>>>>> The largest concentration of prehistoric sites and rock paintings are found in Central India’s sandstone regions, which span three distinct mountain systems: the Vindhyachal and Satpura in Madhya Pradesh, Chhattisgarh, and a portion of Uttar Pradesh and the Aravalli in Rajasthan. One of the prominent sites that I had the good fortune of visiting will be the Bhimbetka rock shelters which showcases prehistoric surviving rock art in India because of the quality of pigment applications in the form of fine and controlled lines. Many shades of red were visible, ranging from scarlet to pale red to dark chocolate. Natural minerals were used to make these pigment.

>>>>> The art of wall painting in Rajasthan evolved into what is known as Rajasthani style after the 17th century C.E. Buon fresco is a common hallmark on the walls of Rajasthan fort palaces, a prime example would be Amber Fort. But my personal favourite would be the walls of the lesser known Sanghi Ji Jain Temple, nestled within the busy bylanes of Jaipur. Interestingly, Jainism did not get much royal support in the first few centuries after Mahavira. Textbooks claims only one royal patron for Jainism – Samprati, grandson of Ashoka, and ruler of Ujjayini. As a religion, there is no history of Jainism in written existence after Mahavira. However, when it comes to the matter of arts and architecture, the contributions of the Jains to the rich cultural heritage of India can be definitely described as significant.

>>>>> Bundela connections with the Mughal court and relations with Rajput princes around the reign of Vir Singh Deo (1602-1628) influenced their indegenous style — the “Bundela Style” in architecture, and an associated wall-painting style, Bundeli Kalam. Despite the influence from the painting styles of Rajasthan, Malwa and Mughal, Bundeli Kalam emerged with its own distinctive palate of style across central India, particularly in the Bundelkhand region which comprises of the princely states of Jhansi, Orchha and Datia. The exuberant paintings on the interior walls and ceilings usually depict a wide range of subjects – from Krishna Leela, Ramayana, Puranic tales and imageries to various forms of royal amusements. The technique initates with a layer of chuna-surkhi (lime + finely grounded brick used in plaster) plaster blended with a second layer of marble and shell dust, and polished with cowries and agate.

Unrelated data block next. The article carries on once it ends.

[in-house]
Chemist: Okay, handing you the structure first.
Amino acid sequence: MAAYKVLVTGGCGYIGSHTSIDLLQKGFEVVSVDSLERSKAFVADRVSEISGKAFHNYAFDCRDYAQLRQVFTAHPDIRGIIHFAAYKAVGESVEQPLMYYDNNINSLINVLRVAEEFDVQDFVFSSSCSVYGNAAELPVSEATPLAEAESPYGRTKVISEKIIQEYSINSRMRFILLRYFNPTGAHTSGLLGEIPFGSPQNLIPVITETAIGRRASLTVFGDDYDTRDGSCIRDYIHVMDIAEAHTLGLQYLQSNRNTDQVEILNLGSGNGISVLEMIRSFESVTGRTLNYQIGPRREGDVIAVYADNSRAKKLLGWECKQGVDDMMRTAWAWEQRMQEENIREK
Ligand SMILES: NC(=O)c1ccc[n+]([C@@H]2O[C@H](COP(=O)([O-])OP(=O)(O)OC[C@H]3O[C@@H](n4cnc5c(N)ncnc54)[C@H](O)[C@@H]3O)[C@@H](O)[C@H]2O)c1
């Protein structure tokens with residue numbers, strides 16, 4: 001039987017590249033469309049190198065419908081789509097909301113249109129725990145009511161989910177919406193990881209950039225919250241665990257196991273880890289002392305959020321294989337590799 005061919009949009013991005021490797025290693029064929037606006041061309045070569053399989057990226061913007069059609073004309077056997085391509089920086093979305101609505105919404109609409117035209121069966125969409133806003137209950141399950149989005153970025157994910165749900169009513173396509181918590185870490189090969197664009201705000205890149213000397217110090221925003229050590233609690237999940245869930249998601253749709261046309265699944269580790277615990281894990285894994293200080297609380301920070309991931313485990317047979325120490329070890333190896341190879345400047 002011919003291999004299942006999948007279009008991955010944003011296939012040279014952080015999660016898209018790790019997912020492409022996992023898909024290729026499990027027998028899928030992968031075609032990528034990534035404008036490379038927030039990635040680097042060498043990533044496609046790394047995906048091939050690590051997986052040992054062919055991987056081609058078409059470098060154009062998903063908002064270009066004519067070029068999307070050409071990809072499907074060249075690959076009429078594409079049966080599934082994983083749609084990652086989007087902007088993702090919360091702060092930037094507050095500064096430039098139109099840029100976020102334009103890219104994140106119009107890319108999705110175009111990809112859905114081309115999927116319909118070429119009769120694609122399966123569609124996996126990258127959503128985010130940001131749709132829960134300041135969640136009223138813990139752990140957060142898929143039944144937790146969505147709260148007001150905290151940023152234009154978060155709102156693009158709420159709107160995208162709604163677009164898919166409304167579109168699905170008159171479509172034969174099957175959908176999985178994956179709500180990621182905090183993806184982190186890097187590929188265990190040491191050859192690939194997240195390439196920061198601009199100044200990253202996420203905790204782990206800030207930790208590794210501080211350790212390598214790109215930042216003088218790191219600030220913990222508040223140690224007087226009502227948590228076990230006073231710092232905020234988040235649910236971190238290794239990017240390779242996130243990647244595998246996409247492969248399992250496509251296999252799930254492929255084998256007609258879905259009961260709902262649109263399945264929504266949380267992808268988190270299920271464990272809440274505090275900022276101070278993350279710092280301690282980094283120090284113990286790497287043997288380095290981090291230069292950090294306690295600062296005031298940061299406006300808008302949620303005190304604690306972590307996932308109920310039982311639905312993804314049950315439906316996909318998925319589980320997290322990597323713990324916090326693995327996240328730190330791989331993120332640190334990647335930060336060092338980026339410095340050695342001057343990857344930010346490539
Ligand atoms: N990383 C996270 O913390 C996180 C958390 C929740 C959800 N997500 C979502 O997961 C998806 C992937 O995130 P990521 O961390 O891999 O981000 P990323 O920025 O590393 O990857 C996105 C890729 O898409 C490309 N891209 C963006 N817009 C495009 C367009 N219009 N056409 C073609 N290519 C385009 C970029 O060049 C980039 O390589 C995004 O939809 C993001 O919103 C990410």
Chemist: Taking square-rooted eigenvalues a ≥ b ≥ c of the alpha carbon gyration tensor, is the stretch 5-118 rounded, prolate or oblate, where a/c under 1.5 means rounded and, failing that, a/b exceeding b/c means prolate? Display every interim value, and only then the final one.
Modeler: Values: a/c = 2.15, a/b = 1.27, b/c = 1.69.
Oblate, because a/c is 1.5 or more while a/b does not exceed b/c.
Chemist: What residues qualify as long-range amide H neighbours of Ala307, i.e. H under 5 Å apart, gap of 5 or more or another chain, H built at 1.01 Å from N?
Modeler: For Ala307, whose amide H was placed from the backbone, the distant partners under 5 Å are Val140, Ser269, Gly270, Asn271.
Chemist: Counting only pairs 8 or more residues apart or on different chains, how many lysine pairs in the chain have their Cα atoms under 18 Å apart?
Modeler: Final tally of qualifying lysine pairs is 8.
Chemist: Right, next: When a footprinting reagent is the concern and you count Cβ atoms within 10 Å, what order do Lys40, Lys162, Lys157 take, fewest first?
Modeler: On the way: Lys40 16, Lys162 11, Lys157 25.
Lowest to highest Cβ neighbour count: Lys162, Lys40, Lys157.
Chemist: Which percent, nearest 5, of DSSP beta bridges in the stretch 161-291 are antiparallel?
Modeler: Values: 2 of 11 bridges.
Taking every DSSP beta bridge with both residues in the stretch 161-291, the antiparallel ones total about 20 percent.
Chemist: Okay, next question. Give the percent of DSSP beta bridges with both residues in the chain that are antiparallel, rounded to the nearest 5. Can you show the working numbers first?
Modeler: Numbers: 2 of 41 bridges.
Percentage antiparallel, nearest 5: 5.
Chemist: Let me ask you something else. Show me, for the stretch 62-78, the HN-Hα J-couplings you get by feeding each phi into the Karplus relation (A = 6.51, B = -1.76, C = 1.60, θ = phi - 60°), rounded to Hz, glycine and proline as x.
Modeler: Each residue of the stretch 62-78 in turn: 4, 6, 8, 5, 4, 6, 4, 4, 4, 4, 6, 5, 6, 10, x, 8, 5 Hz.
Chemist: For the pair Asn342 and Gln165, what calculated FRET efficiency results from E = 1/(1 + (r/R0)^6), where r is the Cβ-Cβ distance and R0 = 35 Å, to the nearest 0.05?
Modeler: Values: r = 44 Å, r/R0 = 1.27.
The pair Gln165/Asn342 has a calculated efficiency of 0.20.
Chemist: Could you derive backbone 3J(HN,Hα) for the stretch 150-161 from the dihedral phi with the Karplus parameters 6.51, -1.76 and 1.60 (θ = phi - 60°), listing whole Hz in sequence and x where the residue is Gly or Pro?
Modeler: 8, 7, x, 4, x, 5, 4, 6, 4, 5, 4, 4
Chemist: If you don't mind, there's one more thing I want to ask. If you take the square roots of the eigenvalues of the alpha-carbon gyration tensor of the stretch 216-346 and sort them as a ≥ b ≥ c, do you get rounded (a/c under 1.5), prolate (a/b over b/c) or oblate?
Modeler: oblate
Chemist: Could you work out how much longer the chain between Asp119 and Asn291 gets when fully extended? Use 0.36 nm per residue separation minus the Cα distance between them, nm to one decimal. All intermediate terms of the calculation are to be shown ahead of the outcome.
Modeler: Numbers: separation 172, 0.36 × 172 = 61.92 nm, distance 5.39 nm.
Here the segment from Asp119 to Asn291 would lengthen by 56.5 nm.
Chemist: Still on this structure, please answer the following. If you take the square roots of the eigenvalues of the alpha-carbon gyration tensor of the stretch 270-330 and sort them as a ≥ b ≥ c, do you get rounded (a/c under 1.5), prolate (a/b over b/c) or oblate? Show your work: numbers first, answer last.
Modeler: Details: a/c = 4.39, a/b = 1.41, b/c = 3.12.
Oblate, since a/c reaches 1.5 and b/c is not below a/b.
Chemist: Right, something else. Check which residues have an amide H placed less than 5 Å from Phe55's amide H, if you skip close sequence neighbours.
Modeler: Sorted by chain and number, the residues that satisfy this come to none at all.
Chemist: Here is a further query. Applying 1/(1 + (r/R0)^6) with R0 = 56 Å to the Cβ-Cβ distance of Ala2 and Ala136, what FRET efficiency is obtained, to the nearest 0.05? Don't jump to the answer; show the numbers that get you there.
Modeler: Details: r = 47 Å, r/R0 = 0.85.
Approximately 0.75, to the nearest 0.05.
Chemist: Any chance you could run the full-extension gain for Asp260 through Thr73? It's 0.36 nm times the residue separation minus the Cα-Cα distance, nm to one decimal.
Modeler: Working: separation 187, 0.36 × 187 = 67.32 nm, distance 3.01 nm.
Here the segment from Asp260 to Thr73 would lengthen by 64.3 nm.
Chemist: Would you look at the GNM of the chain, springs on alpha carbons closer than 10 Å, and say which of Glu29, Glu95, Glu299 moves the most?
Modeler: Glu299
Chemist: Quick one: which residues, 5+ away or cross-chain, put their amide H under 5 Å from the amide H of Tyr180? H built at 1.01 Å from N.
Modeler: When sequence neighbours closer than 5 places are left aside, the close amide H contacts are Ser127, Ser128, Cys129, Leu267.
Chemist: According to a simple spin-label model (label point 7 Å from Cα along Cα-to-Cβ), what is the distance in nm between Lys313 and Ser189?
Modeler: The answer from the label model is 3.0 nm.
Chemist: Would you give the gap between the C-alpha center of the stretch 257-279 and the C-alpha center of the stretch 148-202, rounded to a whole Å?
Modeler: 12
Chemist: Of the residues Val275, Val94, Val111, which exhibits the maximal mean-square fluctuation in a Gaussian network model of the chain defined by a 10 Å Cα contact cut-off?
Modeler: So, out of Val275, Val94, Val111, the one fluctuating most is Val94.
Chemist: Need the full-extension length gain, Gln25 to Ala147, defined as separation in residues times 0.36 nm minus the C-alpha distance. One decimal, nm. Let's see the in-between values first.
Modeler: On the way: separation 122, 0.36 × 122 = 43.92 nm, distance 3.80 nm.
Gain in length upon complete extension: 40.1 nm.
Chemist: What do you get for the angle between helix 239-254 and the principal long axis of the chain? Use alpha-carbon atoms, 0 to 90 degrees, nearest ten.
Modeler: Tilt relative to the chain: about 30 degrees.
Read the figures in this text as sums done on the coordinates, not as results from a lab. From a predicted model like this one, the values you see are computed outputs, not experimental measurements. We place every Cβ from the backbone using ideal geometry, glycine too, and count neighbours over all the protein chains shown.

Datia Palace, M.P. – An embossed paiting (17th century) on the ceiling showing Bundeli dancers around a white local flower in the centre. The Rai Dance is a traditional folk dance of the Bundelkhand region

>>>>> Interestingly it is the Mughal period which showed a great boom of fresco art form, especially with extensive use as ornamental decorations within forts, palaces, and mosques. It became integral part of Mughal architecture. Due to prohibition of using living things in Islamic art, complex geometrical patterns were created keeping in mind the Islamic philosophy to create amazing pieces of art. Most of their work is based on buon fresco in which pigments are applied on wet antonico.

A wide range of artwork can be seen on the walls and ceilings of Mughal architecture – from inlay work, mosaic, to tile, stucco, carving, and paintings.

Do you see it now? Don’t you agree that the walls speak in louder volume?